**Originally Listed At $350**
East Asia, Japan, Edo Period, ca. later 18th to early 19th century CE. A fabulous forged-iron maru-gata (round) tsuba, a disc-shaped hand guard traditionally employed on Japanese swords. The obverse side of the tsuba displays a pair of applied copper abstract forms - at top and bottom of the Nakago-ana (central blade opening). The rest of the face has a beautiful illustration of a tree with selected leaves and areas of the ground gilded. A decorative hole is to one side of the Nakago-ana. The reverse side exhibits several marks and a signature, visible in the photographs above. Size: 2.6" W (6.6 cm)
A tsuba is the hand guard of a traditional Japanese sword, usually a katana or tachi. Its primary purposes are to balance the sword, prevent one's hand from sliding down the blade and, as a last resort, as a block against an opponent's thrust or slash. However, as time and skills developed, the tsuba evolved into an artistic item and symbol representing wealth, prestige, or skills as a swordsman. Early tsuba, known as neri tsuba, were made of leather encased in an iron or wooden frame which was occasionally lacquered for strength and stability.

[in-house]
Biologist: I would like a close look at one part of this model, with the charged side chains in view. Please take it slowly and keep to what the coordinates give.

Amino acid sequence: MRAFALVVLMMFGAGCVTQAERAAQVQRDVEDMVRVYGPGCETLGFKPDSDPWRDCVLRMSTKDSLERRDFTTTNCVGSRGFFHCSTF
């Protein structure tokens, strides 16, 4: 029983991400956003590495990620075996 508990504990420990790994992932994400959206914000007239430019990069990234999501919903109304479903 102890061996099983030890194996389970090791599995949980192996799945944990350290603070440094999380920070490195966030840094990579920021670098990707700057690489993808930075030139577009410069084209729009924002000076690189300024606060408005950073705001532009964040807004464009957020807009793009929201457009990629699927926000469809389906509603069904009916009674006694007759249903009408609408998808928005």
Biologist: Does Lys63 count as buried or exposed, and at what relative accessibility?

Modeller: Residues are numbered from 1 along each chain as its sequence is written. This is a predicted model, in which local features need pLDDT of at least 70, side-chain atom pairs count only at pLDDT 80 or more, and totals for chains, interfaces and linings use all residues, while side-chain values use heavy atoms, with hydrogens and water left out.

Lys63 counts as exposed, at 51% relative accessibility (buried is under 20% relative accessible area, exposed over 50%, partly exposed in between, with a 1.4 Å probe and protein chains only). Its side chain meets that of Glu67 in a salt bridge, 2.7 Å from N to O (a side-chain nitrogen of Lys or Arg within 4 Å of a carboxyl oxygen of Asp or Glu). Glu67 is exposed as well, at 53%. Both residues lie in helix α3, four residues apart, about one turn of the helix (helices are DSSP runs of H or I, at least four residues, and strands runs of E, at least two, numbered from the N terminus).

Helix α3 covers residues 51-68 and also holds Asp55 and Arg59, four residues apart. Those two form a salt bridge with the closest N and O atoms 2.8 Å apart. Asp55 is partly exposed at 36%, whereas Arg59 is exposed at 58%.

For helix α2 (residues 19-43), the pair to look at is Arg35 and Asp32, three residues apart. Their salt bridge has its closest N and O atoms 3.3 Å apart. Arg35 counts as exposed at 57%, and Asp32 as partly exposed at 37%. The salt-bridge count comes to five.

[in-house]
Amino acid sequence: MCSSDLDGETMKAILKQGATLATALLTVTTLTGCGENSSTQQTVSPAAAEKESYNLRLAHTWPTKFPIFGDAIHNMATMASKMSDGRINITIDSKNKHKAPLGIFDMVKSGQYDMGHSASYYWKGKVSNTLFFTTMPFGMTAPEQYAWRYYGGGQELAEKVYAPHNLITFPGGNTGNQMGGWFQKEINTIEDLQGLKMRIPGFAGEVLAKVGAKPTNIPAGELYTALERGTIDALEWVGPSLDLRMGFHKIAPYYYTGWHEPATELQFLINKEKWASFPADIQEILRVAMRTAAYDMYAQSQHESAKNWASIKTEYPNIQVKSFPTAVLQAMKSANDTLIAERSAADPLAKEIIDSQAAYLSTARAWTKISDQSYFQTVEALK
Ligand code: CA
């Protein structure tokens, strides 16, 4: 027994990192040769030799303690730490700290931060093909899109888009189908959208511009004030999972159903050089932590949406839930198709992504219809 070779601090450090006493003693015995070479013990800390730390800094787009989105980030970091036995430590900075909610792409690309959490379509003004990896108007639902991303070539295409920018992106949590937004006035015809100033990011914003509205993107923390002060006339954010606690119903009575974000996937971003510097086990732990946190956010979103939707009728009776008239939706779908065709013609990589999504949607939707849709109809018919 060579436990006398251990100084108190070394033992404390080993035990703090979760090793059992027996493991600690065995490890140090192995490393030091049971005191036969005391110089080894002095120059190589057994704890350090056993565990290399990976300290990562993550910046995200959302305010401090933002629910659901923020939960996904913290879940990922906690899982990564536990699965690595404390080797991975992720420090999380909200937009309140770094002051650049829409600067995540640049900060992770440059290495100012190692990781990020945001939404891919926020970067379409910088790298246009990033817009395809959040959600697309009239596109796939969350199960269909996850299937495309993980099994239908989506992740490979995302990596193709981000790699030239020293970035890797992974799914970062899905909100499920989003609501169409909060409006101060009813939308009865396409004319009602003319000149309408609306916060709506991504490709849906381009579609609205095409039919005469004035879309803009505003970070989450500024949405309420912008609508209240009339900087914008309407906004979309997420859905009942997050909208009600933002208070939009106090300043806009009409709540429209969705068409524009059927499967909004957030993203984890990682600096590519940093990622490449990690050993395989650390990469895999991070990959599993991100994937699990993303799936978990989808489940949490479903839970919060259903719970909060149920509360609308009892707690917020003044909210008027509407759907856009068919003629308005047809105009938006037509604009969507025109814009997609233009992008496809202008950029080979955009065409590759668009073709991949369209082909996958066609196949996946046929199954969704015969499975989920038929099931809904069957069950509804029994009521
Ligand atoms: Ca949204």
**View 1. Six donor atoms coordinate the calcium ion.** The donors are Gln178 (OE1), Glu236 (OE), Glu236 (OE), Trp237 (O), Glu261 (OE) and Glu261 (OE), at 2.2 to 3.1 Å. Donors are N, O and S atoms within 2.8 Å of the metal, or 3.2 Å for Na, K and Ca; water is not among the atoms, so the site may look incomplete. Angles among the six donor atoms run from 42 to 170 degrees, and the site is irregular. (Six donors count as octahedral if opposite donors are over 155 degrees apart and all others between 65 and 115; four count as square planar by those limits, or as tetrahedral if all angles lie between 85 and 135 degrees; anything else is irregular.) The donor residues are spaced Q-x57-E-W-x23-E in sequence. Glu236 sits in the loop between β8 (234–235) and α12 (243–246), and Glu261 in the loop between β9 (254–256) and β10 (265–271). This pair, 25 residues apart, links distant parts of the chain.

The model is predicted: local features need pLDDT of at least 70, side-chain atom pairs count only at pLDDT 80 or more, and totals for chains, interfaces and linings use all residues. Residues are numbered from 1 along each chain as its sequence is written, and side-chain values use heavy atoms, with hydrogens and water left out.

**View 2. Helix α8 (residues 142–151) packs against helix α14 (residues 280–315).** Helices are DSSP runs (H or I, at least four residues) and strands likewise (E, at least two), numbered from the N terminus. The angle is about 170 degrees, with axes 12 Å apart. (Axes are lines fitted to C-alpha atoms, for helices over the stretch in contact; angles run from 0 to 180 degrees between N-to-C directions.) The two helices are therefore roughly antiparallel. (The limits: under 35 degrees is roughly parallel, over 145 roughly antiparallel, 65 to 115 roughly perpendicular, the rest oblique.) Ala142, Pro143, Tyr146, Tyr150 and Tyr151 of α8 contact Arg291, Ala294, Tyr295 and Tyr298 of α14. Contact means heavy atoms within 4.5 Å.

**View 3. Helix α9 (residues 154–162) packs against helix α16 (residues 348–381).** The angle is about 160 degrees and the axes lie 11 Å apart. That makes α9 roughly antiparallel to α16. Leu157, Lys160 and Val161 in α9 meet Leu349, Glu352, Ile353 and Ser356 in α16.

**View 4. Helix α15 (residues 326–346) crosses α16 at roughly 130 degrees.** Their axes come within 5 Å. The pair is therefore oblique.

Provenance: ex-private Ft. Myers, Florida, USA collection of a prominent physician
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Slight wear to the gilding on the lower part. Otherwise in really nice condition with a rich oxidized patina on the iron surface.